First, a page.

Description - Summer by Edith Wharton
Considered by some to be her finest work, Edith Wharton's "Summer" created a sensation when first published in 1917, as it was one of the first novels to deal honestly with a young woman's sexual awakening. "Summer" is the story of proud and independent Charity Royall, a child of mountain moonshiners adopted by a family in a poor New England town, who has a passionate love affair with Lucius Harney, an educated young man from the city. Wharton broke the conventions of woman's romantic fiction by making Charity a thoroughly contemporary woman--in touch with her feelings and sexuality, yet kept from love and the larger world she craves by the overwhelming pressures of environment and heredity. Praised for its realism and candor by such writers as Joseph Conrad and Henry James and compared to Flaubert's "Madame Bovary," "Summer" was one of Wharton's personal favorites of all her novels and remains as fresh and relevant today as when it was first written.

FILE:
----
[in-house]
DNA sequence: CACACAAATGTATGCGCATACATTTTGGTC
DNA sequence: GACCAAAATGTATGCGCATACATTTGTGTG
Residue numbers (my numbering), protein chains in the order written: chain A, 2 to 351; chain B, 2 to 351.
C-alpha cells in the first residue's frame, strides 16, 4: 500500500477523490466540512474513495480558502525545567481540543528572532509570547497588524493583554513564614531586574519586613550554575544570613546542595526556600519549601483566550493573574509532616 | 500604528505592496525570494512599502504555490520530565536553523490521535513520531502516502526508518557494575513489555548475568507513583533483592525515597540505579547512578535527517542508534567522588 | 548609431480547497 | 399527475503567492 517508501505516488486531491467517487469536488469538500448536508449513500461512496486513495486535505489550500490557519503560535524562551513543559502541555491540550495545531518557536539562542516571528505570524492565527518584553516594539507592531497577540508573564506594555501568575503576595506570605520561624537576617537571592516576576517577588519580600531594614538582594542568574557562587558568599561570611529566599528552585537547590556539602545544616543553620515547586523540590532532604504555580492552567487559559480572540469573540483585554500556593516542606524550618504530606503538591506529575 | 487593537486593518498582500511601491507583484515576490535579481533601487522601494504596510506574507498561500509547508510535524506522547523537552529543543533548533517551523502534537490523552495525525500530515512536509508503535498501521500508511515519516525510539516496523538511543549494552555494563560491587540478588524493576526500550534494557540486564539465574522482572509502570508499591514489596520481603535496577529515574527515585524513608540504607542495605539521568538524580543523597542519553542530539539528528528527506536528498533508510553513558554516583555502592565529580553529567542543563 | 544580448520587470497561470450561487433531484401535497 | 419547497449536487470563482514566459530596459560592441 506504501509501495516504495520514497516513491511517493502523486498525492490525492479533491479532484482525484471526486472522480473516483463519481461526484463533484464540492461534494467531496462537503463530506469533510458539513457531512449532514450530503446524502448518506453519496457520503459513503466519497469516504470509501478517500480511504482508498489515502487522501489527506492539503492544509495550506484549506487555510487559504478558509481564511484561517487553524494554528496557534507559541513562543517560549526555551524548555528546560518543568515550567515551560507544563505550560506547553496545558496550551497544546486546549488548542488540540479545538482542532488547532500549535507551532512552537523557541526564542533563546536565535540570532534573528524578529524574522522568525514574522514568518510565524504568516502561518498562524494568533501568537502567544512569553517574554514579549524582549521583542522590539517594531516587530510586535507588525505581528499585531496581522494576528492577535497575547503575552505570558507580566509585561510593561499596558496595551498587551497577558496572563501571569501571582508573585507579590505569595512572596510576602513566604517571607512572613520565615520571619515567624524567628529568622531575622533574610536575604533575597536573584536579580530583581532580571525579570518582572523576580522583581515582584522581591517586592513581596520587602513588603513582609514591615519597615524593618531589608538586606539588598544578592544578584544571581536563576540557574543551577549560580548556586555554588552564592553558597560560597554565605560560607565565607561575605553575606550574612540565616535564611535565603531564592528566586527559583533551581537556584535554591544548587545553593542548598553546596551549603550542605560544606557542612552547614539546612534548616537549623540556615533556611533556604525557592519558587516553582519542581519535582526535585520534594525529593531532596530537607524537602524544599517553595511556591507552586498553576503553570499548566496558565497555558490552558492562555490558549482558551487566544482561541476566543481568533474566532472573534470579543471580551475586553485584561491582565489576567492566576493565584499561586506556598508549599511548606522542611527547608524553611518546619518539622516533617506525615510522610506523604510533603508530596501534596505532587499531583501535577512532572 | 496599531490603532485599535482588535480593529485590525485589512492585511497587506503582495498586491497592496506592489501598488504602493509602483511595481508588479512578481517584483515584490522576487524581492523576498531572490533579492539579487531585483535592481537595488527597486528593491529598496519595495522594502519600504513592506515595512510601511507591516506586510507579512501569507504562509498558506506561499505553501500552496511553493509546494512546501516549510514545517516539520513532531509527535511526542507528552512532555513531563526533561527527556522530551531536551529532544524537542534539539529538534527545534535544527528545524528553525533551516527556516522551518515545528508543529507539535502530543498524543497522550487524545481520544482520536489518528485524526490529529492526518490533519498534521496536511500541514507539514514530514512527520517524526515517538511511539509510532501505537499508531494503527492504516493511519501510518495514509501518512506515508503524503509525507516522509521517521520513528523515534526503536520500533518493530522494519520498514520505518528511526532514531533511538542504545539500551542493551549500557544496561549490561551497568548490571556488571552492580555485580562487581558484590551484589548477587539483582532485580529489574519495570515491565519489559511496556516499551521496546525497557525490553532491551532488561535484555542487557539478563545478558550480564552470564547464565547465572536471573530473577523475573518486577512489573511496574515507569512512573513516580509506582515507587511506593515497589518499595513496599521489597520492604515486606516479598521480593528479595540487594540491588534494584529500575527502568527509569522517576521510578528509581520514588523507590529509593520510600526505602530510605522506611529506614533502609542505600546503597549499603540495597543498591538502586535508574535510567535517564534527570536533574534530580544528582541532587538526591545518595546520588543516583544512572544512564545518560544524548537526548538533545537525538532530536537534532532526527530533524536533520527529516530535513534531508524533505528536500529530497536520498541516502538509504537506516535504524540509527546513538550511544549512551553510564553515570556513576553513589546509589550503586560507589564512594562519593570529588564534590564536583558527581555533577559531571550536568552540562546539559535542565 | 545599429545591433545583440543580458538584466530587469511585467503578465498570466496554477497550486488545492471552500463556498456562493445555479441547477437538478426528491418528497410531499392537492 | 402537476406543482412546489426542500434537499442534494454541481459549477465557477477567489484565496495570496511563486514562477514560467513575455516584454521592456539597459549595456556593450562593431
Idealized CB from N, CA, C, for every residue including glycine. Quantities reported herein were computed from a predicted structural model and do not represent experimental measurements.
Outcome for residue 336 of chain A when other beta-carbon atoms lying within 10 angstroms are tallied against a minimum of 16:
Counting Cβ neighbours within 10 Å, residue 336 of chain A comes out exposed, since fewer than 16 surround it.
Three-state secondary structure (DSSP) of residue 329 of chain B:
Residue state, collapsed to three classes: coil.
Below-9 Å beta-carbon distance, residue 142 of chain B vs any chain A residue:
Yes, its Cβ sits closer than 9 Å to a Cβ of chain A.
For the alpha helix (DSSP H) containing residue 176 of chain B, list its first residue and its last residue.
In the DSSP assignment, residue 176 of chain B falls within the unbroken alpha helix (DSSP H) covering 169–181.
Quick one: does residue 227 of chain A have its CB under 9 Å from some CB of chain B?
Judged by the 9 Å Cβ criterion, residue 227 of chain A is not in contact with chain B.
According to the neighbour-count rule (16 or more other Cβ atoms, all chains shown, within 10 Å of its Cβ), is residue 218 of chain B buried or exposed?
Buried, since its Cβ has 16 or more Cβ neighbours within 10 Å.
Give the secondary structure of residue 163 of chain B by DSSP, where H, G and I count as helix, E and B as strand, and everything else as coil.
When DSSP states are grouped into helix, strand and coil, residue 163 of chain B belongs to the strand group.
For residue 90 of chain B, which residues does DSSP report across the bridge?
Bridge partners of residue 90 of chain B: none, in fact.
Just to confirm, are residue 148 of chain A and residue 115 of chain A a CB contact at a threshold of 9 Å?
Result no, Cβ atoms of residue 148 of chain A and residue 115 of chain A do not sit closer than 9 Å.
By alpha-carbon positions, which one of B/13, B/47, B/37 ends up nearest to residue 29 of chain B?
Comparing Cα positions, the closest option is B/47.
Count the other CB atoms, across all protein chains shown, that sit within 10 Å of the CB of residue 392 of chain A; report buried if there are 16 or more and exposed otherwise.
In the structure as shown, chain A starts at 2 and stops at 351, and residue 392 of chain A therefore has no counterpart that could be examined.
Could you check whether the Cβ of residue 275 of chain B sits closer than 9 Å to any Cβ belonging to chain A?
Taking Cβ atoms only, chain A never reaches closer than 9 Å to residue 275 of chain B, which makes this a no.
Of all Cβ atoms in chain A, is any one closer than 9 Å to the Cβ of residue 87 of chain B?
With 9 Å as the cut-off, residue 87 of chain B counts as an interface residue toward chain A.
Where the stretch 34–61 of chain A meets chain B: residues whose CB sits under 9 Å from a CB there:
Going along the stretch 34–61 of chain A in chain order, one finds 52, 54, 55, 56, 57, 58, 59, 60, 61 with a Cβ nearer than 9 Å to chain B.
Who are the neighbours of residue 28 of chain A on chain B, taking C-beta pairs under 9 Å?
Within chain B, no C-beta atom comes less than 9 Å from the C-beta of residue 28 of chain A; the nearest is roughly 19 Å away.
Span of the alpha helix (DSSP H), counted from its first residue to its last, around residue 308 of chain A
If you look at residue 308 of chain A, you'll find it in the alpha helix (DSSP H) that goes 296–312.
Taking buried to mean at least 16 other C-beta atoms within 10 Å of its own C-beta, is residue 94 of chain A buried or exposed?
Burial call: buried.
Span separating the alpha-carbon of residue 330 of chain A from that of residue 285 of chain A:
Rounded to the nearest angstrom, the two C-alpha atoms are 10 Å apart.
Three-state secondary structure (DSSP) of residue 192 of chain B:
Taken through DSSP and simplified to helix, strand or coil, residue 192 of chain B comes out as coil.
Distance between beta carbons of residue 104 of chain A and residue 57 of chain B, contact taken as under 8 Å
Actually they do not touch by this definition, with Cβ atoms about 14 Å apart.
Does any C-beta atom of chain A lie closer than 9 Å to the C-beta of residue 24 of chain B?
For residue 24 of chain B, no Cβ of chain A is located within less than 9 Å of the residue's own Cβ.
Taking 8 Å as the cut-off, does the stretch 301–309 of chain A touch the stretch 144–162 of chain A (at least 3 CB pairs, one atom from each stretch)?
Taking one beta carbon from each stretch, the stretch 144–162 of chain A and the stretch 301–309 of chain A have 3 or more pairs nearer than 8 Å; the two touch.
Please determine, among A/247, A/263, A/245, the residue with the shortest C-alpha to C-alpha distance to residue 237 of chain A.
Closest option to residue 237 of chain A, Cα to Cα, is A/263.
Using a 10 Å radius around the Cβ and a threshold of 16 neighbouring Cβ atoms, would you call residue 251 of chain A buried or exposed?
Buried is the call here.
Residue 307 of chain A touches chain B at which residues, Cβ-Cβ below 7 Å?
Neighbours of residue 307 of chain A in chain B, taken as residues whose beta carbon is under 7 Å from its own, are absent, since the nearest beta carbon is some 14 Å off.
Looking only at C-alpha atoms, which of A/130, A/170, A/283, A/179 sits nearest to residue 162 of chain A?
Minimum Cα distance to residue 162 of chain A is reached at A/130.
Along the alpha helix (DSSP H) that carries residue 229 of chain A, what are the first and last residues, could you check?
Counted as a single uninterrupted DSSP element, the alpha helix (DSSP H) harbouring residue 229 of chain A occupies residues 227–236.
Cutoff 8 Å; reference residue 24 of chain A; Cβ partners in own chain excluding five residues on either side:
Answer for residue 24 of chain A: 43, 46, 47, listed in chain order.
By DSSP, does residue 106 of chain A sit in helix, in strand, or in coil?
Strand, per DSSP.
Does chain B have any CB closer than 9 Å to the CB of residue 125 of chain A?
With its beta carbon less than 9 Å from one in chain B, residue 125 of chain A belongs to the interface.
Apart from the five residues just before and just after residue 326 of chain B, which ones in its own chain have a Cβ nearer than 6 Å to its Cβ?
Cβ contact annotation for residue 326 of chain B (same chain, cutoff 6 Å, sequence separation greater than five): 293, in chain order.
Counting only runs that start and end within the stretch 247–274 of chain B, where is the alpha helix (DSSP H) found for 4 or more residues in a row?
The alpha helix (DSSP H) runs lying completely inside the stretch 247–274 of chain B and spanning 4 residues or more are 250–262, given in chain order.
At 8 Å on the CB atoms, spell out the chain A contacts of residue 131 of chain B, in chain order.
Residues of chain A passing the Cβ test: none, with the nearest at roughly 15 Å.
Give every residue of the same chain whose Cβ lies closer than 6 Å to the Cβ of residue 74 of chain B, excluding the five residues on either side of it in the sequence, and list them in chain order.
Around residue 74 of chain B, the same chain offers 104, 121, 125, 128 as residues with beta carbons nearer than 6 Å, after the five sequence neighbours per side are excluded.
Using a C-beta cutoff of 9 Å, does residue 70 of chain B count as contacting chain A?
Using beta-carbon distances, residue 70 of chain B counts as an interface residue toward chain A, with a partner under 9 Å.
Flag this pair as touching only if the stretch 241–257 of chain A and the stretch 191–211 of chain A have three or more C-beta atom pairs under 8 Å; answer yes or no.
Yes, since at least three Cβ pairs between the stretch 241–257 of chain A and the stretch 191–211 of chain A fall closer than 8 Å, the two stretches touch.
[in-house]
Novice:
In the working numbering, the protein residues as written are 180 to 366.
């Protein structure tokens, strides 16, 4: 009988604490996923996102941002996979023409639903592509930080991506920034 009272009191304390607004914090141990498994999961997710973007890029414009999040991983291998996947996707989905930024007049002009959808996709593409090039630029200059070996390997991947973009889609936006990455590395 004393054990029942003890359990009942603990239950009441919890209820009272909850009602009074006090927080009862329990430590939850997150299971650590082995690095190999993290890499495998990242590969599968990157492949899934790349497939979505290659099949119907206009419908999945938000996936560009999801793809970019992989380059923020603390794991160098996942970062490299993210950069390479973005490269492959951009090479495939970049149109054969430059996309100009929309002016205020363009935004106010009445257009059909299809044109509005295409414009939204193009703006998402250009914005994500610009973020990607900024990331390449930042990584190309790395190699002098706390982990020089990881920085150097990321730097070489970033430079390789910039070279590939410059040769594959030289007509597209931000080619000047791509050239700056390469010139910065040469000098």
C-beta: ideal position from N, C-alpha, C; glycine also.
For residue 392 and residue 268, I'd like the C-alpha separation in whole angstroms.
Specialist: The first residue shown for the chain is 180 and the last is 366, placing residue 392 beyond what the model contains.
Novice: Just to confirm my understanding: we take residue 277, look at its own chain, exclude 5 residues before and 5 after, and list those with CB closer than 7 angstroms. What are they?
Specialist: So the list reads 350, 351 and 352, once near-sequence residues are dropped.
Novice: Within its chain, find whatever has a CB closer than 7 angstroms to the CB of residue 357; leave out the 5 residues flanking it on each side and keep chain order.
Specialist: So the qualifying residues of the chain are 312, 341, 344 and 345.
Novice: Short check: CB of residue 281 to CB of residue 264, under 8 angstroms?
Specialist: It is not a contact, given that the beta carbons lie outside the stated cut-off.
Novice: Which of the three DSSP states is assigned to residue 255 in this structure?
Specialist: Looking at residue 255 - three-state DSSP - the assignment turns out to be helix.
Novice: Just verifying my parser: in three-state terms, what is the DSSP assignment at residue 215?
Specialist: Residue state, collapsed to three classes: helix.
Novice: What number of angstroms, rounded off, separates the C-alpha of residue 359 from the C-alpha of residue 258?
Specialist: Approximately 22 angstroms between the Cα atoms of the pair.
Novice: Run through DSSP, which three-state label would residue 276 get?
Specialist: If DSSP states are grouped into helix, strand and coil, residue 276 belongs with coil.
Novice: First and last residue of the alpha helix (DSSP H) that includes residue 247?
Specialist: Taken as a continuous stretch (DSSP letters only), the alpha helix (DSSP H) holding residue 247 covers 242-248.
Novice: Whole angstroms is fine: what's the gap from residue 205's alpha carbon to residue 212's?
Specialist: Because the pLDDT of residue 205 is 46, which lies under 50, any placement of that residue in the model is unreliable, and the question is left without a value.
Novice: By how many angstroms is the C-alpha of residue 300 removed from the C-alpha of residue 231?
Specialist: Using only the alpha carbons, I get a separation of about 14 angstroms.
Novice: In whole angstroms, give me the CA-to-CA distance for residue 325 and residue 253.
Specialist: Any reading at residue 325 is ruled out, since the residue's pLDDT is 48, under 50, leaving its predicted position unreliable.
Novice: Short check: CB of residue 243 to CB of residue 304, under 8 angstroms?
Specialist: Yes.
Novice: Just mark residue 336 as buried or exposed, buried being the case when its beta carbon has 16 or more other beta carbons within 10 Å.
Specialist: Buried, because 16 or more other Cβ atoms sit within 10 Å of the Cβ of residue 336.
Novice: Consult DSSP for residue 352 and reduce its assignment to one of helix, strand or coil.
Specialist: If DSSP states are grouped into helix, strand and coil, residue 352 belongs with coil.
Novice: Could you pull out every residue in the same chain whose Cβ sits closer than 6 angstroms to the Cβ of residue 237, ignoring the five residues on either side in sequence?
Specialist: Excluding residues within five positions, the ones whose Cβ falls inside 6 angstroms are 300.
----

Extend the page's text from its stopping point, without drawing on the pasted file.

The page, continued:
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(203mm x 140mm x 15mm)
Prentice Hall & IBD
Publisher: Prentice Hall (a Pearson Education company)
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Author Biography - Edith Wharton
Edith Wharton was born in 1862 into one of New York's older and richer families and was educated here and abroad. Her works include the Pulitzer Prize-winning The Age of Innocence, Twilight Sleep, The Custom of the Country, and The House of Mirth. As a keen observer and chronicler of society, she is without peer. Edith Wharton died in France in 1937.